I was disappointed with this film. I was thinking (or hoping) this film was going to be about the passion of knowledge, ideas, thinking, and any other form of mental stimulation; I really didn't think there was much of that in this film. Maybe I'm just odd in the way I dislike Hollywood's usual portrayal of passion: love affairs et cetera. Passion in this film was portrayed in the Hollywood sense. There was brief mentioning of thoughts, the mind, ideas, the individual, et al, but I felt they were only in idle chatter, and not what really mattered. Maybe all the "Hollywood passion" represented in this film turned me off, but I would have rather spent my time doing something other than watching this film.

Recently I had the pleasure of a watching a different documentary film about Miss Rand called _Ayn Rand: A Sense of Life_. And I think if you are looking for more details actually about her, her life, and her ideas, rather than love affairs which I thought were quite unpleasant within _The Passion of Ayn Rand_, _Ayn Rand: A Sense of Life_ is the film I think you'll enjoy to watch and listen to instead.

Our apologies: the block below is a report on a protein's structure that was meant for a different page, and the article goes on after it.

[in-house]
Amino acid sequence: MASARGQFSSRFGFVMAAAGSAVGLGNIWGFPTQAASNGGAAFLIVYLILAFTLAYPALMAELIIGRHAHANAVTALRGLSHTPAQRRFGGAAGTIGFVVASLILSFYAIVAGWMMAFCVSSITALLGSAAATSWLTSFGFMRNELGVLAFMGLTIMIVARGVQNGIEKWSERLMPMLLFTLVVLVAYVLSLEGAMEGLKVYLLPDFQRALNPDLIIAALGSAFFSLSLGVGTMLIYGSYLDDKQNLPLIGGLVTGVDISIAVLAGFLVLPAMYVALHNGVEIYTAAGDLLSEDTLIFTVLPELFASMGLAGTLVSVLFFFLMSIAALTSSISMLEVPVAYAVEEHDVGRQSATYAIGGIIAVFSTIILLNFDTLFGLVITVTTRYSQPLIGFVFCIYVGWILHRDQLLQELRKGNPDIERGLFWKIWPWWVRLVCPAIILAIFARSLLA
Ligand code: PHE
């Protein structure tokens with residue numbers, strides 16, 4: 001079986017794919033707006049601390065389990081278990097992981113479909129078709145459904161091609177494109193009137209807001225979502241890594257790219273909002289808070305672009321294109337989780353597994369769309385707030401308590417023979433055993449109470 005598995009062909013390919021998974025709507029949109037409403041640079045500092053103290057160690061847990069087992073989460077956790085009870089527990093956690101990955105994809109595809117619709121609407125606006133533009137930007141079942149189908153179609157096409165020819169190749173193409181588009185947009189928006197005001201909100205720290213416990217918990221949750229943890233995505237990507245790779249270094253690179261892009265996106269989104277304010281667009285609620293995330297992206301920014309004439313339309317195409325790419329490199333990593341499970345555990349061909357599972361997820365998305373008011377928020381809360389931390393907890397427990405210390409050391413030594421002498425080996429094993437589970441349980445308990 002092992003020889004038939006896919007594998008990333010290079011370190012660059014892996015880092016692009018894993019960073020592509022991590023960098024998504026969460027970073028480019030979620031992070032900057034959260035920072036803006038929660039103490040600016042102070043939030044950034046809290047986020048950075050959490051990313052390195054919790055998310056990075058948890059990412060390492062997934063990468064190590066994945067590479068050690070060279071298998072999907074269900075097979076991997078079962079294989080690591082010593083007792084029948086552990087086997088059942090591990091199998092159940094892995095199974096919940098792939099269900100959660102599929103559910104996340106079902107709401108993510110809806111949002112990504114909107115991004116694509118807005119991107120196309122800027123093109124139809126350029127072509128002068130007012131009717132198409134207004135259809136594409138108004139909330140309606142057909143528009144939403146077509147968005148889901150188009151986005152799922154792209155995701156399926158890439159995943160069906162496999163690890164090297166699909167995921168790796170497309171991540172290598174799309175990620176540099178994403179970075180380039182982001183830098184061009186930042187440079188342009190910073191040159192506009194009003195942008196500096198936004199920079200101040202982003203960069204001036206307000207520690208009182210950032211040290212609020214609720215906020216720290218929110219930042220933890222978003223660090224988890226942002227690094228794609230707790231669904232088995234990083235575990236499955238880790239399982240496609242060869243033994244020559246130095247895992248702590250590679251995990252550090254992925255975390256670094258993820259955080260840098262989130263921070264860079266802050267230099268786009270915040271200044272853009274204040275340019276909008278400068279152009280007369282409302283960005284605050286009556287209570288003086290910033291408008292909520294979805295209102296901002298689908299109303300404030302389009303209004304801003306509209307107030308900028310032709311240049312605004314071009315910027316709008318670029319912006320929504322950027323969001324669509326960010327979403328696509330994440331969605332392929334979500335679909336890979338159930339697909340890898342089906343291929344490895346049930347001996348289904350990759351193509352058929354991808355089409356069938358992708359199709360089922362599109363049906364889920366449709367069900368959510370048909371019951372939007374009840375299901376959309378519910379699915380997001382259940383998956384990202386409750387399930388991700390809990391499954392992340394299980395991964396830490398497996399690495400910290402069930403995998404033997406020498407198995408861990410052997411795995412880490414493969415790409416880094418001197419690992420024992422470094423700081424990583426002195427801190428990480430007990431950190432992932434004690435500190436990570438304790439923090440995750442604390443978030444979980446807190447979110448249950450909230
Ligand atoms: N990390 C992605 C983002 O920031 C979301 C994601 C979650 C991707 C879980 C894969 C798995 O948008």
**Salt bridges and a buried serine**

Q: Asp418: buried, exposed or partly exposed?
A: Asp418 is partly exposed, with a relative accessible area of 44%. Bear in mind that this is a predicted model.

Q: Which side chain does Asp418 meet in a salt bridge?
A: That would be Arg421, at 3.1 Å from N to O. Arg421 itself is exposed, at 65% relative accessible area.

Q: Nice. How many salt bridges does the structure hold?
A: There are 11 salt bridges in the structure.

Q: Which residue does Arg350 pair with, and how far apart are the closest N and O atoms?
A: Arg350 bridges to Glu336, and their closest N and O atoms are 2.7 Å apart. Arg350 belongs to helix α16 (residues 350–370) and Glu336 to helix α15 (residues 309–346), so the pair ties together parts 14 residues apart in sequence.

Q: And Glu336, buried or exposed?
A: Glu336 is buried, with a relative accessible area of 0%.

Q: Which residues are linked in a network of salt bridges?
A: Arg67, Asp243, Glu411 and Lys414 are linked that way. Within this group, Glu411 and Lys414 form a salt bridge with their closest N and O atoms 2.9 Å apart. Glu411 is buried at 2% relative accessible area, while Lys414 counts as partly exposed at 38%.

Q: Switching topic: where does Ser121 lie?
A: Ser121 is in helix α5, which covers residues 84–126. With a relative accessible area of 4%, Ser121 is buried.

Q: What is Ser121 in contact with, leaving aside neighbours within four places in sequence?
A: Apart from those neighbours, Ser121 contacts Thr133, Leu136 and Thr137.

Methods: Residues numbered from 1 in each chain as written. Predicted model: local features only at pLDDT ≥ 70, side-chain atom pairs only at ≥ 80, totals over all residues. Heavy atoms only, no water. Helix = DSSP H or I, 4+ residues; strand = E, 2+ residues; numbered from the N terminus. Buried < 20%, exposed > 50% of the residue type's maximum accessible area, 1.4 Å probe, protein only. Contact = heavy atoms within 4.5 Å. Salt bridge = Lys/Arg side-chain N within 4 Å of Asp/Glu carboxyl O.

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22 of 24 people found the following review helpful By Monty Vierra on September 24, 2009
Format: DVD Verified Purchase
This Showtime film takes up the life of Ayn Rand from chapter 20 in Barbara Branden's biography of the same title. The director and screen writers have effectively transmitted the turn from naive hero worship of Rand that Barbara and her boyfriend Nathaniel experienced in the late 1940s to the subsequent stormy love affair between Rand and Nathaniel with its consequences in the lives of Frank O'Connor (Rand's husband) and Barbara, who had married Nathaniel. When the affair started, Rand was in the middle of writing her magnum opus, Atlas Shrugged, a philosophical novel about unstinting individualists who love whom they will on the way to creating the world they want.